When we first started cruising, one of the things we discovered was that there was a frequent need to communicate with each other at a distance. This happened most frequently when we were dropping or raising the anchor, but also occurred when I went up the mast or when one of us was positioned at the bow trying to direct us through a narrow channel, or around hazards.
In the early days, the typical procedure for raising anchor was for Marcie to go forward to the bow and operate the windlass while I maneuvered Nine of Cups. It takes a little teamwork to get the anchor up, especially when we are in a crowded anchorage and the wind is blowing. The wind causes the chain to be taut, which in turns makes the windlass work harder. I try to motor slowly in the direction of the anchor to take the tension off the chain while Marcie brings in the slack. When all the slack chain has been taken in and we are directly over the anchor, depending on the bottom type, it sometimes takes some finesse to break the anchor free. When it does finally break free, I need to hold position while Marcie brings the anchor up enough to ensure we don't snag it on anything - like someone else's anchor rode or a more shallow spot. Once she has the anchor in view, I can begin maneuvering around the other boats while Marcie secures the anchor. During this process, Marcie may need me to stop while she knocks the pile of chain down or to clean the chain of mud, kelp or seaweed.
Through it all, Marcie and I need to communicate quite a bit of information. She needs to tell me when to motor forward, how fast and in what direction. She needs to tell me when to stop, when the anchor has broken free, and when it is in view. Our initial method of communicating was by shouting at each other. When the wind was blowing, the engine was on, and Marcie was facing away from me, she needed to shout REALLY LOUDLY for me to hear her. Even then, I didn't always hear what she said, so I would have to yell into the wind as LOUDLY as I could, asking her to repeat what she said. There are a whole number of reasons why this wasn't ideal. The number one reason is that when we were yelling at each other, even when we started out with the best of intentions, we both got irritated and then angry. Even when things did go well, we spent the next few hours being snippy with each other. The next biggest reason was that voices really carry over the water. Even if we couldn't understand what the other was saying, everyone else within a half mile could hear us yelling at each other. Sometimes, this would be a source of amusement for the other yachties, but more often I'm sure it was quite irritating, especially when we were trying to leave quietly at the break of dawn.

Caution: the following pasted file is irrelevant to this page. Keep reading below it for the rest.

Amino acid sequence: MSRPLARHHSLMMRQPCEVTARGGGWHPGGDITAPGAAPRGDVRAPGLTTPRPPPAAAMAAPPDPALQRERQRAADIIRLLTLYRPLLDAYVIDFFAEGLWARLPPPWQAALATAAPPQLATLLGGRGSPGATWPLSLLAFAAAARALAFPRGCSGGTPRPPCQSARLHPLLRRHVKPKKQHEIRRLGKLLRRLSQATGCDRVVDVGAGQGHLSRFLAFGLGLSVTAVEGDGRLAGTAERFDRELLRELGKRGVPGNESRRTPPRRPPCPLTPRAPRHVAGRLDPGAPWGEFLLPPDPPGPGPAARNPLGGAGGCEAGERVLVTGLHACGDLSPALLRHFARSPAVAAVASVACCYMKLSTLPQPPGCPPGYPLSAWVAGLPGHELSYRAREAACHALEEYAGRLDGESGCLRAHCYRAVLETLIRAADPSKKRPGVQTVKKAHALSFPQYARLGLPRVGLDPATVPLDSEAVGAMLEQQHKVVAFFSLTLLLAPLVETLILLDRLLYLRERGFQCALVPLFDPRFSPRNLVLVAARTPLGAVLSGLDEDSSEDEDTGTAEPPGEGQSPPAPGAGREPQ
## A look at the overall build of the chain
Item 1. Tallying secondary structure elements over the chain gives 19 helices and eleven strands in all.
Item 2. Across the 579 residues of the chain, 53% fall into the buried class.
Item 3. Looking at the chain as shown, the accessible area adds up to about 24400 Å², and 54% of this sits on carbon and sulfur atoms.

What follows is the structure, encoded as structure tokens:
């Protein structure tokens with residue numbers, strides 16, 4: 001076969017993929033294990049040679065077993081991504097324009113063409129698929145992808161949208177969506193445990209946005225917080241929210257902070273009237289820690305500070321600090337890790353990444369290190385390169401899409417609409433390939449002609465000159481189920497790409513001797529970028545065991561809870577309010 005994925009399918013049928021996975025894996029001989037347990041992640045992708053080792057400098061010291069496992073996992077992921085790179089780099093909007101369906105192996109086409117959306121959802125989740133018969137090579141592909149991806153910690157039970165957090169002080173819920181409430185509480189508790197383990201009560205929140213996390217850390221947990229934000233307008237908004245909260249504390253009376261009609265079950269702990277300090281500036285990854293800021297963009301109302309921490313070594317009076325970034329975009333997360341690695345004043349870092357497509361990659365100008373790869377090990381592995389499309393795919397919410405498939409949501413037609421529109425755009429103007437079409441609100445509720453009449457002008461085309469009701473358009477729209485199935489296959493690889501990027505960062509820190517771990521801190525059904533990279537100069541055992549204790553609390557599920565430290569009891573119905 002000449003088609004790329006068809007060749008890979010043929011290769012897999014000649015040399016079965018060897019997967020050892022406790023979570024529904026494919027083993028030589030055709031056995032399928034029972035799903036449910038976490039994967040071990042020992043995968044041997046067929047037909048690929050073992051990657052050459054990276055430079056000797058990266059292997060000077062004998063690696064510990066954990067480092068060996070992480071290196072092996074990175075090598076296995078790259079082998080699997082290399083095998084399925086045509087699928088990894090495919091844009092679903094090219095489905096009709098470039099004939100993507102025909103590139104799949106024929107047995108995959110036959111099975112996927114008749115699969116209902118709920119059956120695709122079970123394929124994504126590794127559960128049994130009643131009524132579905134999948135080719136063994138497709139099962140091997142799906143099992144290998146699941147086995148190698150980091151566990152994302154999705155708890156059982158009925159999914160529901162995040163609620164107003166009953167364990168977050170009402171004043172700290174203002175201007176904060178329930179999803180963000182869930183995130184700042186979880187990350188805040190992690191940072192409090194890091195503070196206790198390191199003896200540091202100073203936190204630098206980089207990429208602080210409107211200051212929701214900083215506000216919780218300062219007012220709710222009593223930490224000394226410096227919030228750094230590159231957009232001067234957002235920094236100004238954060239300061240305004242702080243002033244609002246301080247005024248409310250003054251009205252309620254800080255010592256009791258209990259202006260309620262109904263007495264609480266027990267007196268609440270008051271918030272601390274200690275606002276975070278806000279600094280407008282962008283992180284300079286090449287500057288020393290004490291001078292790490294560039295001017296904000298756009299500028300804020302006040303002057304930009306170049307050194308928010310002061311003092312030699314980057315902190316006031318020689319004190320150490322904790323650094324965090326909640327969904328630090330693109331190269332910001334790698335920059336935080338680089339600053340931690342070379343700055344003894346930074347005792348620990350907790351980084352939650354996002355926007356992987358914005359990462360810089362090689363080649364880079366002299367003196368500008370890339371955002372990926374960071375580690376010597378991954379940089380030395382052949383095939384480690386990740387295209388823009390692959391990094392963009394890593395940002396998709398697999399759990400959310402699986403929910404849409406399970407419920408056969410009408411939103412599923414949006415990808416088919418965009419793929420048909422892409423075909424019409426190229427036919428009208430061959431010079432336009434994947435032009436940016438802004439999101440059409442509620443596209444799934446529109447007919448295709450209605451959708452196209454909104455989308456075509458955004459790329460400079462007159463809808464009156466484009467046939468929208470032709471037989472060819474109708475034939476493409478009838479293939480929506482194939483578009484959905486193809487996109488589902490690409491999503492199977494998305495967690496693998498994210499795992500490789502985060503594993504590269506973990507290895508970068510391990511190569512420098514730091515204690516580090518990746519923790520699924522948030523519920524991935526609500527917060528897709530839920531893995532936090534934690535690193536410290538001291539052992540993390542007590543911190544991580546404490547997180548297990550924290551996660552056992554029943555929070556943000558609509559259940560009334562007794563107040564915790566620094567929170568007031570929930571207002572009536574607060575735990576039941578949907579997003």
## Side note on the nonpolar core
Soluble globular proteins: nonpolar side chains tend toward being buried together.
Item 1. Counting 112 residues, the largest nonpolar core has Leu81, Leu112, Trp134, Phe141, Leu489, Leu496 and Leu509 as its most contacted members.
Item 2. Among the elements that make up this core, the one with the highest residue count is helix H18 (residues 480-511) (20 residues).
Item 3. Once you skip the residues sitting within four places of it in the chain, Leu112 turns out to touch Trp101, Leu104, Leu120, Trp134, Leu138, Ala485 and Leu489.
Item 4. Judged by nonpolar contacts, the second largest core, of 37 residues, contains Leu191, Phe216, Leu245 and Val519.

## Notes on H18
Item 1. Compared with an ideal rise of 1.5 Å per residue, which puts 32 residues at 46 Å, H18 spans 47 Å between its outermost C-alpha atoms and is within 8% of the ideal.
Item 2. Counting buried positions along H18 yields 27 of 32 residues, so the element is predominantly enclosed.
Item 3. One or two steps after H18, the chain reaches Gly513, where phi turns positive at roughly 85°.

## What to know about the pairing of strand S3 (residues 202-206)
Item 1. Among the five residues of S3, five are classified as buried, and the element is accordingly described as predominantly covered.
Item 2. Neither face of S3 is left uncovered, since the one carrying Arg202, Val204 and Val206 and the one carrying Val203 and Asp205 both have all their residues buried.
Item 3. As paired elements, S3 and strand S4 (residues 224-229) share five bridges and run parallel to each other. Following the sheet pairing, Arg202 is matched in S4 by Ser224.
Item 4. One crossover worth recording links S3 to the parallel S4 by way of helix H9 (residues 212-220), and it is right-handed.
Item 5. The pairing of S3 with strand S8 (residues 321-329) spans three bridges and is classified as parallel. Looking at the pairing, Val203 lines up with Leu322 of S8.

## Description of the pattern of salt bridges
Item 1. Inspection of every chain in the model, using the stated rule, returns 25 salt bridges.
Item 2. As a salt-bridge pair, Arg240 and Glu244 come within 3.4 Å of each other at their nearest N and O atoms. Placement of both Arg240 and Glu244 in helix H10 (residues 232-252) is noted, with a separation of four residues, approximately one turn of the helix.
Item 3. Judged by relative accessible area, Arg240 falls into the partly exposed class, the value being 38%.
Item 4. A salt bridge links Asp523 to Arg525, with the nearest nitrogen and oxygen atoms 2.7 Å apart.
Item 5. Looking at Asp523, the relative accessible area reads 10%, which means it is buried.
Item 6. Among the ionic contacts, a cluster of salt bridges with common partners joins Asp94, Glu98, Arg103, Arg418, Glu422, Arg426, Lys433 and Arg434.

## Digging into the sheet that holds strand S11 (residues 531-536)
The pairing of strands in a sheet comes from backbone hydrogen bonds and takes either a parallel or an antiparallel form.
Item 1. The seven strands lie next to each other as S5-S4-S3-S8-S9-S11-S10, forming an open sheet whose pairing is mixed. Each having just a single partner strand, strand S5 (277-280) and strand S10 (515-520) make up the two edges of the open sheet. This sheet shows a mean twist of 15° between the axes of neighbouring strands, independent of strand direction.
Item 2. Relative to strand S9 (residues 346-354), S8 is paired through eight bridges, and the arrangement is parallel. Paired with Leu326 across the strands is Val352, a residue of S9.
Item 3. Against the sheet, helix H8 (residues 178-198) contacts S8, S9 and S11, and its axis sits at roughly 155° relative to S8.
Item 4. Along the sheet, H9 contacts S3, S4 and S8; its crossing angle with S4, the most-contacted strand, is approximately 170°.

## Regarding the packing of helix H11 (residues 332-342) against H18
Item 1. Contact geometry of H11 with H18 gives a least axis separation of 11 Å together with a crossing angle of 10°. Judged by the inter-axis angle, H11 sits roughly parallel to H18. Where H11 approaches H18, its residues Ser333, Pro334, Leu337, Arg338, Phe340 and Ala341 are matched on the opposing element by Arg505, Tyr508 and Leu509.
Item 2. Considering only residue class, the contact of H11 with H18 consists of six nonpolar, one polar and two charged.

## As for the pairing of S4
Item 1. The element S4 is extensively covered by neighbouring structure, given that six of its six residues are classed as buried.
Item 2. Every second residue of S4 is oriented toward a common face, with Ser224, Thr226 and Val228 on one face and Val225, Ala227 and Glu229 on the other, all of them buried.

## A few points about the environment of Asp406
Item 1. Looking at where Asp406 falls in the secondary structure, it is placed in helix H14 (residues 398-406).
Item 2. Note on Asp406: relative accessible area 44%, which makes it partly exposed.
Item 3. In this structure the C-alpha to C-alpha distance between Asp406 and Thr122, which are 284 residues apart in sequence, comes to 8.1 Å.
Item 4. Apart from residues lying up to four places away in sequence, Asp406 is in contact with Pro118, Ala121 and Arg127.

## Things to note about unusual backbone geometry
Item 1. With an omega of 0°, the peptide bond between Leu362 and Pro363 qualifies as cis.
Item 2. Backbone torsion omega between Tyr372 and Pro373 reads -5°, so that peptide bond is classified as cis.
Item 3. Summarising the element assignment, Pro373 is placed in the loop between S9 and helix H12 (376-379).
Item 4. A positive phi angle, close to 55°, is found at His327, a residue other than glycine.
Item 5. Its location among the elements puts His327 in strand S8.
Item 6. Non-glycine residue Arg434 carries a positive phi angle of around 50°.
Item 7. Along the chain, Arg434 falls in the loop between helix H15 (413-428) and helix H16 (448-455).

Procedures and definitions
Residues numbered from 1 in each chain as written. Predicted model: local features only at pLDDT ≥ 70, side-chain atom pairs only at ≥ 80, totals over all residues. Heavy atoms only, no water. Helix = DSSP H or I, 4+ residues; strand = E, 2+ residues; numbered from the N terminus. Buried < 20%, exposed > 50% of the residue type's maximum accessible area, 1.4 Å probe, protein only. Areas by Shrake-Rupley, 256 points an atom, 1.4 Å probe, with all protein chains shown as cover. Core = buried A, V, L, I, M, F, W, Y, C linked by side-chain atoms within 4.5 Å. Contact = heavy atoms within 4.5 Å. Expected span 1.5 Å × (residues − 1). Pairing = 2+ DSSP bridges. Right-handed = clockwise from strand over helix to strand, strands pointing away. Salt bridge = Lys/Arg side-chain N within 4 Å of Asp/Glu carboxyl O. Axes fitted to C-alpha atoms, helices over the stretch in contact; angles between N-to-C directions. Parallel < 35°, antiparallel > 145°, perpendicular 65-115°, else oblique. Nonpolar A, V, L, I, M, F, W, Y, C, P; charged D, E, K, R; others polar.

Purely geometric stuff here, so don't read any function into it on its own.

We thought about getting small portable radios or one of the wireless intercom systems. But in the end, we decided to devise our own system of hand signals for communicating with each other. We needed to be able to communicate each command using only one hand, and each signal must be clearly discernible to the other at a fair distance. These are the hand signals we use:
There have been a number of times when one of us was on the bow or part way up the mast to improve visibility while maneuvering around hazards. The atolls in the South Pacific which were often strewn with numerous uncharted coral heads are an example. We use all the same hand signals, but added one more to the list:
We have a few other hand signals we use occasionally that aren't actually documented. They translate roughly to the following:
“Uhh – sweetie, I think you may not have recognized my last 6 signals and you will be embarrassed to know that you have just run over the mooring ball...”
or, “Actually honey, I did see your last 6 hand signals, and while I found your last hand gesture quite endearing, you may not have noticed that the wind has piped up just a skosh ...”
and my favorite, “That was quite a humorous response, love. While pondering it, I thought of a new storage location for the boathook I'm holding...”